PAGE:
Fish Oil for DepressionFebruary 16, 2009 Written by JP [Font too small?]
There are many people out there who suffer from varying degrees of depression. The causes are sometimes specific, such as a reaction to a traumatic event or a dysfunction of the thyroid gland. But most of the time, the origin of low mood states is simply unknown. When that’s the case, the typical treatment prescribed by a conventional doctor is an antidepressant medication. For some, such medications are literally life-savers. On the other hand, some people simply don’t react well to them. There’s also a sizable group of individuals who aren’t even open to the suggestion of taking this form of “therapy”.
Today I want to share some recent findings about a natural alternative that may help support a healthy mood – fish oil. But not all fish oil is created alike. Knowing some specifics about this product is helpful and will increase the odds of deriving the desired benefits it may provide.
The Health Benefits of Fish Oil
|Cardiovascular Health||Research shows that consumption of EPA and DHA Omega-3 fatty acids may reduce the risk of coronary heart disease. As such, the American Heart Association (AHA) recommends the daily dietary intake of Omega-3 essential fatty acids EPA and DHA at 1,000 mg per day for cardiovascular health.|
|Brain/Neurologic Health||The support of cognitive function and neurologic health by the Omega-3 fatty acids EPA and DHA is supported in multiple research studies.* In addition, Omega-3 fatty acids have been shown to support a healthy mood and emotional state.*|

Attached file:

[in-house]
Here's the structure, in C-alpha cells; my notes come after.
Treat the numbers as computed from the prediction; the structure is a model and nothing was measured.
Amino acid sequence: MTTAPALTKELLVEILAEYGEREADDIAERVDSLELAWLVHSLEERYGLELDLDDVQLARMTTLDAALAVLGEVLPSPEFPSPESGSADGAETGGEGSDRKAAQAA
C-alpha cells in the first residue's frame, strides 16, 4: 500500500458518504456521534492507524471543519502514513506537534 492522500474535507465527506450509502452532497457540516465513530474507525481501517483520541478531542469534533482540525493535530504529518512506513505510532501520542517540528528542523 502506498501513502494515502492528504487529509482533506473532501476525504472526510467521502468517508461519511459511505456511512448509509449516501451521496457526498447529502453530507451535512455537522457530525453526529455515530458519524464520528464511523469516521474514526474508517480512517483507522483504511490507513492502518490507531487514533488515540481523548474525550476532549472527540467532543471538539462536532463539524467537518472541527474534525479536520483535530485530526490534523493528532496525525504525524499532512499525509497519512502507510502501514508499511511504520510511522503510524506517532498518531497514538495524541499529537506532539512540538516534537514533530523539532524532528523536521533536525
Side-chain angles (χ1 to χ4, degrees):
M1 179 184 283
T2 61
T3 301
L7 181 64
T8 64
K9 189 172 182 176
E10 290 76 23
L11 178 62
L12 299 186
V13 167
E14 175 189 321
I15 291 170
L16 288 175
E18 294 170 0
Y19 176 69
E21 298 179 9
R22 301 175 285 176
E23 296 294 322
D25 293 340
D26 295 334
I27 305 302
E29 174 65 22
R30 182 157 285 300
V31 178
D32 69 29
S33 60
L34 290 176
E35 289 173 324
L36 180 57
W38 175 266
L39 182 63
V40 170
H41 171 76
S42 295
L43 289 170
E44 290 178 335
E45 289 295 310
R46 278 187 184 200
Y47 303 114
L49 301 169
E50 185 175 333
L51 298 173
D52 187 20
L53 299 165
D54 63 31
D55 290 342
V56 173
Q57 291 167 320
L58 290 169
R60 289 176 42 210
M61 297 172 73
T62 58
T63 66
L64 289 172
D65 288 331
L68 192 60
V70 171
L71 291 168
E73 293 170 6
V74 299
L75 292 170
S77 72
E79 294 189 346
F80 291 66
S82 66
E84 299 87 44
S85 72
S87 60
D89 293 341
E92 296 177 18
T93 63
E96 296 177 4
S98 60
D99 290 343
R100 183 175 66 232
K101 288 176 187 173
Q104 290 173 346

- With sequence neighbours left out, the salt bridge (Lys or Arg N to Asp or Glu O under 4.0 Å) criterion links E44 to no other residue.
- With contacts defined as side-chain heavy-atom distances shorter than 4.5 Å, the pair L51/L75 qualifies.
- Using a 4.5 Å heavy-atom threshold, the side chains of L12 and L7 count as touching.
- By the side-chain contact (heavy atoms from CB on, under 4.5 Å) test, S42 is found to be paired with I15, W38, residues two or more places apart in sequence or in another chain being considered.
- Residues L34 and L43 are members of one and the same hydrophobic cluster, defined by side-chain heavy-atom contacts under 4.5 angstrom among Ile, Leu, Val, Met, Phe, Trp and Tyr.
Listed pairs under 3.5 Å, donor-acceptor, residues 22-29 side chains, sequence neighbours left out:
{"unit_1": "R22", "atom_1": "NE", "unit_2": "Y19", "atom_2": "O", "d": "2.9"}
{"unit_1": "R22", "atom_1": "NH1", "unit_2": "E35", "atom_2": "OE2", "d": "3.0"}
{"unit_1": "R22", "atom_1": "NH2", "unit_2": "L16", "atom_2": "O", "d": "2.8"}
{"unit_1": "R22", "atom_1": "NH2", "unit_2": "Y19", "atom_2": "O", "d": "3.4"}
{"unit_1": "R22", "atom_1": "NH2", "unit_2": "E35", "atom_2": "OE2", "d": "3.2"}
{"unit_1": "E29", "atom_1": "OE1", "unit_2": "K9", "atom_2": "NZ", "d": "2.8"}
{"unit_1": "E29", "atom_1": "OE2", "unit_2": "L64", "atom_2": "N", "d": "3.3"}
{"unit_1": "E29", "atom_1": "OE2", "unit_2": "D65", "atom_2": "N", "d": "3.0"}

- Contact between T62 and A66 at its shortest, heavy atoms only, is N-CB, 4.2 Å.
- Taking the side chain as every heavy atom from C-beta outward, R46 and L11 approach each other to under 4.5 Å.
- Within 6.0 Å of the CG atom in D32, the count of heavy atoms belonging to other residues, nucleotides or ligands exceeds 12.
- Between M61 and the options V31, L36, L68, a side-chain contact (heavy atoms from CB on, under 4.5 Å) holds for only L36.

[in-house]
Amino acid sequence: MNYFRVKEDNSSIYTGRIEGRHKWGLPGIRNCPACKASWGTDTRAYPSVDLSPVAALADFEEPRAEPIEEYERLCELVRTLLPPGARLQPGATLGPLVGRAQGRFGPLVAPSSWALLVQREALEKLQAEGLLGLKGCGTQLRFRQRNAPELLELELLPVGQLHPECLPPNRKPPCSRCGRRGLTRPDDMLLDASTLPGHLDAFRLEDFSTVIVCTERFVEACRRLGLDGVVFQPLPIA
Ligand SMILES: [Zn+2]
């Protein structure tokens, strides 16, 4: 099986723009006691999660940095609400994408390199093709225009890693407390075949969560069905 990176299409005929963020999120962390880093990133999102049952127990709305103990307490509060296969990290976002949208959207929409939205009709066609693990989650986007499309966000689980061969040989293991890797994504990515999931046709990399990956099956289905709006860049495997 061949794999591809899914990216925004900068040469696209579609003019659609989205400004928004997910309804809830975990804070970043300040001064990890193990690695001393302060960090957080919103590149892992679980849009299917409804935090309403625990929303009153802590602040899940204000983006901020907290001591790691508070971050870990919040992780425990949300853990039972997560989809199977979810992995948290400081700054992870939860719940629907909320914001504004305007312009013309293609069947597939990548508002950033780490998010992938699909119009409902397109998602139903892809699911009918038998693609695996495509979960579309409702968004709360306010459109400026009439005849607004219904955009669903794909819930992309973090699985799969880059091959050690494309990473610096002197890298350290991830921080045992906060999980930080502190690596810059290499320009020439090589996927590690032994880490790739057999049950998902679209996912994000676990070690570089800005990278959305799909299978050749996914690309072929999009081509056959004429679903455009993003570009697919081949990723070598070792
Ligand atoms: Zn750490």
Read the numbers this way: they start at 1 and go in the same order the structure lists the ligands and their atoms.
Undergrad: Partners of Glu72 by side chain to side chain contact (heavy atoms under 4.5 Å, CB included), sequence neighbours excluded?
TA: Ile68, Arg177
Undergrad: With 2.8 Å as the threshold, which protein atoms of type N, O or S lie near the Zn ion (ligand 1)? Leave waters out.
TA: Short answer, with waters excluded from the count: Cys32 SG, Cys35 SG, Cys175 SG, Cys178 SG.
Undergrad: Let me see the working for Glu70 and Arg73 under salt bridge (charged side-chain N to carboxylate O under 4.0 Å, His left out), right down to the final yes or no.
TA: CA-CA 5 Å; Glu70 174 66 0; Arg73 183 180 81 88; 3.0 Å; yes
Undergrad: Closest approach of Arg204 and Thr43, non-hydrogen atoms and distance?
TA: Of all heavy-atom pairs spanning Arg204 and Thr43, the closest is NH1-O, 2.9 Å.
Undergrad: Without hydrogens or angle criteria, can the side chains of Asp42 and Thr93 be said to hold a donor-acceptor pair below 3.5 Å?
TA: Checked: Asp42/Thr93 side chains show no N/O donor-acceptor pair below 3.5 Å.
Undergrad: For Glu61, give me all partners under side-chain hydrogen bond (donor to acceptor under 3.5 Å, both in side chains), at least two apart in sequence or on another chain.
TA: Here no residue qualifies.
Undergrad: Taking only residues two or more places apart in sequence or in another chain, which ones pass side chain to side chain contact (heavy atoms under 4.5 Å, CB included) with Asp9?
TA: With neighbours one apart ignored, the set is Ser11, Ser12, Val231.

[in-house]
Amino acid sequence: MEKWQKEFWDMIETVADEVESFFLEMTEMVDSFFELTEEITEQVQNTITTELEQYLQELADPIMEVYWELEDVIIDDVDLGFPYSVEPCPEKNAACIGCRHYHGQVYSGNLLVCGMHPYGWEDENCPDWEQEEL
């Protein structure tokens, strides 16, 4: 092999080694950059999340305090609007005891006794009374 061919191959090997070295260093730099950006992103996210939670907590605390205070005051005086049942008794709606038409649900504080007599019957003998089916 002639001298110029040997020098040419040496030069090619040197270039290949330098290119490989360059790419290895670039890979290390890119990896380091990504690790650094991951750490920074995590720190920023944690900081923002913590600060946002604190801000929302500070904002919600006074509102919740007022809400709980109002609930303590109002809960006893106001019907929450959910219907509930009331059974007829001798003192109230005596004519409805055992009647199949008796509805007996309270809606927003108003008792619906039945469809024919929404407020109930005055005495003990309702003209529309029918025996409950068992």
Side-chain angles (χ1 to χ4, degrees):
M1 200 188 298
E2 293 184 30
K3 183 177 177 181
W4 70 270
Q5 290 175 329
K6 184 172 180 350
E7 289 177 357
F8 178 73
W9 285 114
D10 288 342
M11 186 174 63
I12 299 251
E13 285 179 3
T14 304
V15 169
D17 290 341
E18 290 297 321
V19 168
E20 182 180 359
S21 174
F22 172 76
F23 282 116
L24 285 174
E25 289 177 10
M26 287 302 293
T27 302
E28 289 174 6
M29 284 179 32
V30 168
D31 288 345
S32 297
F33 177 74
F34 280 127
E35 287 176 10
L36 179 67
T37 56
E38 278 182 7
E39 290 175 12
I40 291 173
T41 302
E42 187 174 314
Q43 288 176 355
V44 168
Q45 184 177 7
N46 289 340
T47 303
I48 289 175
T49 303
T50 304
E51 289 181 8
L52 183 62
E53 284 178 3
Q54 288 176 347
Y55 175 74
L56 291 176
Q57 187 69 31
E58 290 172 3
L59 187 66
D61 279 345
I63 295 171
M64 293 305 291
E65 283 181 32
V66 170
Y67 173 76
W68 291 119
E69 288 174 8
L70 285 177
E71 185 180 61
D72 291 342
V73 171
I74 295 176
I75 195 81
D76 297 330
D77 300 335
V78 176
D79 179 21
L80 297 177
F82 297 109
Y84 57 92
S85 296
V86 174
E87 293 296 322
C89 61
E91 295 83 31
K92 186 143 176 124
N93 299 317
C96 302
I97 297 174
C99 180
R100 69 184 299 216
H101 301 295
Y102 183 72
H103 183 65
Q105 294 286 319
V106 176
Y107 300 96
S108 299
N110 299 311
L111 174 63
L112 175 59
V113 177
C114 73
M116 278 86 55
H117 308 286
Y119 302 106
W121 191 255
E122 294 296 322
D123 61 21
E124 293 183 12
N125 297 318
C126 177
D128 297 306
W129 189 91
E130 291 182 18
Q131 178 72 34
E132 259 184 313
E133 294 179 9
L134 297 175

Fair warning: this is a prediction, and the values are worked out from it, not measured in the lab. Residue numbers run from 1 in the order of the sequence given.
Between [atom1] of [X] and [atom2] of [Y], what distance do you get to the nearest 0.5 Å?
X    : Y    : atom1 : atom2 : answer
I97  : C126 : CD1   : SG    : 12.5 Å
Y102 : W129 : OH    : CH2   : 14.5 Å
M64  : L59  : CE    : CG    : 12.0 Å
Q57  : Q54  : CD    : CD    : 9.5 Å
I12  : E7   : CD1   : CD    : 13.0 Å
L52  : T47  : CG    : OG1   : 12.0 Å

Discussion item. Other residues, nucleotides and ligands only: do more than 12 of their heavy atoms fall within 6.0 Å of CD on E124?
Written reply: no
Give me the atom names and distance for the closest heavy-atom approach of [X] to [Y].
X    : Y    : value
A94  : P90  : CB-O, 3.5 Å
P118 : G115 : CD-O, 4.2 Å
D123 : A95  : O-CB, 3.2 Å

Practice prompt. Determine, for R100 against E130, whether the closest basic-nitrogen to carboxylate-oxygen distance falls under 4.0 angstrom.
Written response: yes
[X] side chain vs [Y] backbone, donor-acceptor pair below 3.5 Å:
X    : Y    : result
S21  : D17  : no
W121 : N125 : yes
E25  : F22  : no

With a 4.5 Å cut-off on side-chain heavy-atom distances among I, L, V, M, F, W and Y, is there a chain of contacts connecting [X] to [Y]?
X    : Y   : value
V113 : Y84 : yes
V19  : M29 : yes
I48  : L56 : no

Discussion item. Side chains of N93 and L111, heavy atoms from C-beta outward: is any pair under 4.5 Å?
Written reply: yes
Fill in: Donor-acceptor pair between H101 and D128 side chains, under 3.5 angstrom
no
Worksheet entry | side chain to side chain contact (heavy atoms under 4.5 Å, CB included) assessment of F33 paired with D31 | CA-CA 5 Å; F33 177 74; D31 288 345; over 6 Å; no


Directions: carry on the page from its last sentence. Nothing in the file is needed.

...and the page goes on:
|Joint/Immune Health||Omega-3 fatty acids, especially EPA, support joint health in the body.* Due to their impact on lipid membranes, they also promote normal and healthy balance in the body’s immune pathways and responses.*|
|Vision Health||The Omega-3s EPA and DHA have been found to help support the health of the macula and retina of the eye.* In addition, support of healthy and normal lubrication of ocular structures has been indicated.*|
|Weight Management||When used in combination with healthy diet and exercise program, research has shown Omega-3 fatty acids to enhance the body’s ability to address its fat metabolism and promote a healthy weight.*|
The first thing to know about fish oil is that it contains two primary omega-3 fatty acids. The first is called EPA (eicosapentaenoic acid). The second is known as DHA (docosahexaenoic acid). The most vital detail to look for when you buy fish oil is the content of EPA and DHA. Another important consideration is the purity of the fish oil. Here’s a brief overview of what I mean:
A fish oil soft gel often contains a total of 1,000 mg of fish oil. But what’s really important is how much of that 1,000 mg is comprised of EPA and DHA. Why? Because those two fatty acids are thought to be the “active” ingredients – the substances that provide the health effects.
Example 1: Product A may contain 1,000 mg of fish oil consisting of 250 mg of EPA and 125 mg of DHA.
Example 2: Product B also contains 1,000 mg of fish oil. But this product is concentrated to 500 mg of EPA and 250 mg of DHA.
It’s obvious in the above example that the second product is significantly more powerful. The size of the soft gel may be the same, but the impact will differ. In all likelihood, the price tag will differ too. The more potent products are often more expensive. But remember that you also need to take less. In the example provided, you’d need to take two soft gels of the first product in order to get an equal amount of EPA and DHA in the second product.